Entergy has notified local and federal officials of a release of radioactive tritium into a storm drain.
The amount of tritium found by Entergy in a routine sample taken from a storm drain on Dec. 23 is very small, the company told the Nuclear Regulatory Commission in a public filing made on Monday afternoon.
It is less than 1/30th of the amount needed to trigger automatic notification of local, state and federal officials. Entergy said in the filing that because the tritium was found in a storm drain, the company decided it was prudent to notify officials anyway.
Workers found tritium on Nov. 3 in a sump connected to the storm drain, but not in the storm drain itself or in ground water monitoring wells. At the time, the company ordered increased monitoring of the sump. Now, the sump will be tested daily and the storm drain will be tested weekly.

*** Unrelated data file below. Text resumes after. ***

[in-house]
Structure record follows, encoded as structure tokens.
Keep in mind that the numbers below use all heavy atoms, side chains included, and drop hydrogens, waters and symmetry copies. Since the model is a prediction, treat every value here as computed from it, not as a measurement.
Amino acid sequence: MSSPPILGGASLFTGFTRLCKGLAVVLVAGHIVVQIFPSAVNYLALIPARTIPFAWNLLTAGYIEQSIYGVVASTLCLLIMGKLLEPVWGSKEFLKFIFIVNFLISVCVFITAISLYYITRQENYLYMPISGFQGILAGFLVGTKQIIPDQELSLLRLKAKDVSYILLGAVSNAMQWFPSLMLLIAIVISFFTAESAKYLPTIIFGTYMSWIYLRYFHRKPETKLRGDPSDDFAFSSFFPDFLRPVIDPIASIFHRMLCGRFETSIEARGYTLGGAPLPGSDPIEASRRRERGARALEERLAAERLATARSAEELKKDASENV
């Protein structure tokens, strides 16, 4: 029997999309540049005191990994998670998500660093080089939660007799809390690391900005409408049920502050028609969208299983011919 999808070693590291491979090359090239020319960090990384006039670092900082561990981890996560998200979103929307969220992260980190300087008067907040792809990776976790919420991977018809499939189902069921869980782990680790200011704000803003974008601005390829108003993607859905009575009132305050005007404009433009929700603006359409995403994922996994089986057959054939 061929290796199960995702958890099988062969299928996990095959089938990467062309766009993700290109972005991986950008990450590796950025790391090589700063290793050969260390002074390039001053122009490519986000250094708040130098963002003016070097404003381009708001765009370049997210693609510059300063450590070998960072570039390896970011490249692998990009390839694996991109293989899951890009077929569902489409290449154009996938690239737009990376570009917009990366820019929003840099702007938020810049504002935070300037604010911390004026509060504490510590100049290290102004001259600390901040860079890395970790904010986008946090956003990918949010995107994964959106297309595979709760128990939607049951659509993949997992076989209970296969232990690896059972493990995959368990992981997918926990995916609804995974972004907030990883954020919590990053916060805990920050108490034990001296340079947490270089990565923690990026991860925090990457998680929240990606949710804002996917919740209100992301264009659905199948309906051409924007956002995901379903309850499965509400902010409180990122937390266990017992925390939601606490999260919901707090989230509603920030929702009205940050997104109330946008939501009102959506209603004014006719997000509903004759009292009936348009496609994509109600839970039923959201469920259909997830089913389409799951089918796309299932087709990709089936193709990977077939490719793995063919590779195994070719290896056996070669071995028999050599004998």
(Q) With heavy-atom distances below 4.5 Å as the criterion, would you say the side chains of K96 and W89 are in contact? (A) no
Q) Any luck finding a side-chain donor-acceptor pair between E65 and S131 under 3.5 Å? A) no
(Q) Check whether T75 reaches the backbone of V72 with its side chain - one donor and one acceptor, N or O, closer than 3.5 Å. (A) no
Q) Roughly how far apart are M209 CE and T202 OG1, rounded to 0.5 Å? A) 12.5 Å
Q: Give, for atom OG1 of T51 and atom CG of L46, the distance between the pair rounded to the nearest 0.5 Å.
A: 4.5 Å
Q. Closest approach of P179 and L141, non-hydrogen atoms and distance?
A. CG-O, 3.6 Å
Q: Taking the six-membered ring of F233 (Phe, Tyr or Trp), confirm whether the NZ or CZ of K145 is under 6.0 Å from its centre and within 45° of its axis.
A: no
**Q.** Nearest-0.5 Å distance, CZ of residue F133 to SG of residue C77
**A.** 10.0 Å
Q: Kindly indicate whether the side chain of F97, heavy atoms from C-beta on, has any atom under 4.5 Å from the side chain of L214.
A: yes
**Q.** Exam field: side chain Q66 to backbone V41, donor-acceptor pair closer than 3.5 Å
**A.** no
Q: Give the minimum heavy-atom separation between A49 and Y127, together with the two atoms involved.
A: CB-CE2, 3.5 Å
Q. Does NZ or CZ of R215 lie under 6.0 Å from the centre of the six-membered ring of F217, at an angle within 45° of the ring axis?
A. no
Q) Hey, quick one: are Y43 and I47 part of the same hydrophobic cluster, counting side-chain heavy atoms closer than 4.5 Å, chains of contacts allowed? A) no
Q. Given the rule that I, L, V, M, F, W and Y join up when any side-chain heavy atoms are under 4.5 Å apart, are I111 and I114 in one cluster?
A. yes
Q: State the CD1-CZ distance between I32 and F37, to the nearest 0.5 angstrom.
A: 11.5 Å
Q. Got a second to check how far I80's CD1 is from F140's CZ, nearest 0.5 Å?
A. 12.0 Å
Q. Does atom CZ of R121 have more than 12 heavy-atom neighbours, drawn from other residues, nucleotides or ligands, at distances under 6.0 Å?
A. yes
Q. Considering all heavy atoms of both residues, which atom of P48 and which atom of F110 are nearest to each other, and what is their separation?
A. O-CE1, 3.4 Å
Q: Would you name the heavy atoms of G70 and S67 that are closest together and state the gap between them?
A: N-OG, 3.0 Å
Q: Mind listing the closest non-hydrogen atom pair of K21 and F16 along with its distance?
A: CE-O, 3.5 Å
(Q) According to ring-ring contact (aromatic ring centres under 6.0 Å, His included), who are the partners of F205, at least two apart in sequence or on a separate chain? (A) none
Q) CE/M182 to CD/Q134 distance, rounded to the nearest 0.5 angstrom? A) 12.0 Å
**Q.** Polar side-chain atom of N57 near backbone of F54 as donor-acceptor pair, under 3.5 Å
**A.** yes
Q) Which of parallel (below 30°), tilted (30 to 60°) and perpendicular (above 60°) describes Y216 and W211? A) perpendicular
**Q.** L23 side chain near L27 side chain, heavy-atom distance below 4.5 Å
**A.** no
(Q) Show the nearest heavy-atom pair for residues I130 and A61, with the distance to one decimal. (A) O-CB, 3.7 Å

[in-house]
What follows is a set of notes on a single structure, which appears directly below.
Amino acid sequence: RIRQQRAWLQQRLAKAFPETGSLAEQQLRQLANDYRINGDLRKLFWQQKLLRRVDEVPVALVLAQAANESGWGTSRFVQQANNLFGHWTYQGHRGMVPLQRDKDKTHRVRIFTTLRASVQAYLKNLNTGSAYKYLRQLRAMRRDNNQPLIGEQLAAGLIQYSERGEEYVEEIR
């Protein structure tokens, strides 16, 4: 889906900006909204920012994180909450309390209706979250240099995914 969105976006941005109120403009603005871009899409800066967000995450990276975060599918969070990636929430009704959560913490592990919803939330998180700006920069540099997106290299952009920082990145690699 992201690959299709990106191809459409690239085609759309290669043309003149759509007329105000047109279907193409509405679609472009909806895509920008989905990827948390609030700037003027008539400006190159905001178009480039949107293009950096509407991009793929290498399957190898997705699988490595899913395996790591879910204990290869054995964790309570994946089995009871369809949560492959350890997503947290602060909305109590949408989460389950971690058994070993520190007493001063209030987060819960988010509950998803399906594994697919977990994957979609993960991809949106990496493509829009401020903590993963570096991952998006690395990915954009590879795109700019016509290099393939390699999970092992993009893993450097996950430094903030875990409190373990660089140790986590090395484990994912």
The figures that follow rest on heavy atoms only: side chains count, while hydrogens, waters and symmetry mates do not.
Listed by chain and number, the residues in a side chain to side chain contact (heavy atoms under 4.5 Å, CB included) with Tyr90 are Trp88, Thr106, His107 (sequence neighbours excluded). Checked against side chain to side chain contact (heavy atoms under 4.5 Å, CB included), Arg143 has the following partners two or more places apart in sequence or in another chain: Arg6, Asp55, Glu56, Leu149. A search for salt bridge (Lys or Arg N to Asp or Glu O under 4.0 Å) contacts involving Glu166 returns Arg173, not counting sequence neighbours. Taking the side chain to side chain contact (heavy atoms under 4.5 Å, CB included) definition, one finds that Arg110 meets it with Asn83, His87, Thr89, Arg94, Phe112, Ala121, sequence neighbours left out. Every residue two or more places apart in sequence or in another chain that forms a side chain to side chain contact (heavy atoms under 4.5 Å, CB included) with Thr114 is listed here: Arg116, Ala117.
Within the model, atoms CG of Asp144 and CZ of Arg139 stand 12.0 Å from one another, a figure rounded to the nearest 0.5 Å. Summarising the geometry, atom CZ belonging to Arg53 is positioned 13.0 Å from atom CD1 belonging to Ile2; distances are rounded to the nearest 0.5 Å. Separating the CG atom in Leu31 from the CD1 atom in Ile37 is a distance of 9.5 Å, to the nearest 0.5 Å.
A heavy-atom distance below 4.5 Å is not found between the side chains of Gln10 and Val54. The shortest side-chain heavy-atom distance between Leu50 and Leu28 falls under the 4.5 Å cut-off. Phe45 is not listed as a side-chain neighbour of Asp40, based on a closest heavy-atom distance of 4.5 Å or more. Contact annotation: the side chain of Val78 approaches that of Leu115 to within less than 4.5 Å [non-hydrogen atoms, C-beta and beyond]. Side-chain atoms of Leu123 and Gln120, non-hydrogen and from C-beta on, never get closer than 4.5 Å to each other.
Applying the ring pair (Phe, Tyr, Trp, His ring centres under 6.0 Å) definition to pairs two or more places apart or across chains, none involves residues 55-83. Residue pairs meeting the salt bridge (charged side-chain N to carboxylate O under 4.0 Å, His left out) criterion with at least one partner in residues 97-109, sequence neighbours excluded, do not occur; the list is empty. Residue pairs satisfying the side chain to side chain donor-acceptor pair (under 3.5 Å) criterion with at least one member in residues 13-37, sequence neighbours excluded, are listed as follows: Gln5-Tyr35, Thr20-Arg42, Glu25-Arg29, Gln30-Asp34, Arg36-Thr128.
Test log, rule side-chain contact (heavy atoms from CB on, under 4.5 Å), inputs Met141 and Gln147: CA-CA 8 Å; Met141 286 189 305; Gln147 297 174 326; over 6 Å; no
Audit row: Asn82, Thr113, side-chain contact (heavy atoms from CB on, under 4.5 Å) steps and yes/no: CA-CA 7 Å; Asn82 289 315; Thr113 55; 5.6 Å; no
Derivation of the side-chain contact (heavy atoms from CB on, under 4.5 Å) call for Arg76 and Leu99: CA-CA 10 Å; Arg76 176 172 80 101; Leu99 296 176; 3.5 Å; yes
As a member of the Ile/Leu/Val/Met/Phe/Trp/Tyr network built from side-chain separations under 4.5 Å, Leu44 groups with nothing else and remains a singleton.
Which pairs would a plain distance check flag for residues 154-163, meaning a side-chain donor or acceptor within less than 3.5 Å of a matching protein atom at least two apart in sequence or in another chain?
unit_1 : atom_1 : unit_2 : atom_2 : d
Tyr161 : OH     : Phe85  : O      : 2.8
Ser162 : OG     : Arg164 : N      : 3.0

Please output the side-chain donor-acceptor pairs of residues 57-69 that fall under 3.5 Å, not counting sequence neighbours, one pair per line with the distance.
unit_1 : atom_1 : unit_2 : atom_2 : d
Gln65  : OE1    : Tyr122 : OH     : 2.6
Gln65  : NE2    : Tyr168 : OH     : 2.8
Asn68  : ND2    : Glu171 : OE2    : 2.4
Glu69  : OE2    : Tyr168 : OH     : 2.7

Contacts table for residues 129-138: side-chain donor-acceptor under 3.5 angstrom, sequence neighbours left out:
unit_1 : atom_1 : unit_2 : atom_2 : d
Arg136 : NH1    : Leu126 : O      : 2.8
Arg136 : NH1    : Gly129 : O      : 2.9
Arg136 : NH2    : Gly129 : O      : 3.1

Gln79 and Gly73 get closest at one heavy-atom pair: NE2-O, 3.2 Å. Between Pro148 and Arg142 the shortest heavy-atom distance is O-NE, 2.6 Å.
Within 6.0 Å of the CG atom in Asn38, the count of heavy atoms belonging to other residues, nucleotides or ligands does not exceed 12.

Tritium is an isotope of hydrogen. For a radioactive element, it has a relatively short half-life, a little more than 12 years. Tritium is used in the nuclear power process, but it can also be found as the glowing elements in many wrist watches.
Tritium can cause burns to skin and can be dangerous if it is inhaled or swallowed but the radiation it gives off is said to be too weak to penetrate the skin. It decays in about two weeks inside the body.
It is produced in very small amounts in nuclear energy production. The government estimated in 1996 that only about 500 pounds of tritium has been created since 1955, and because it decays so quickly, only a little more than 150 pounds was in the government’s stockpile at that time.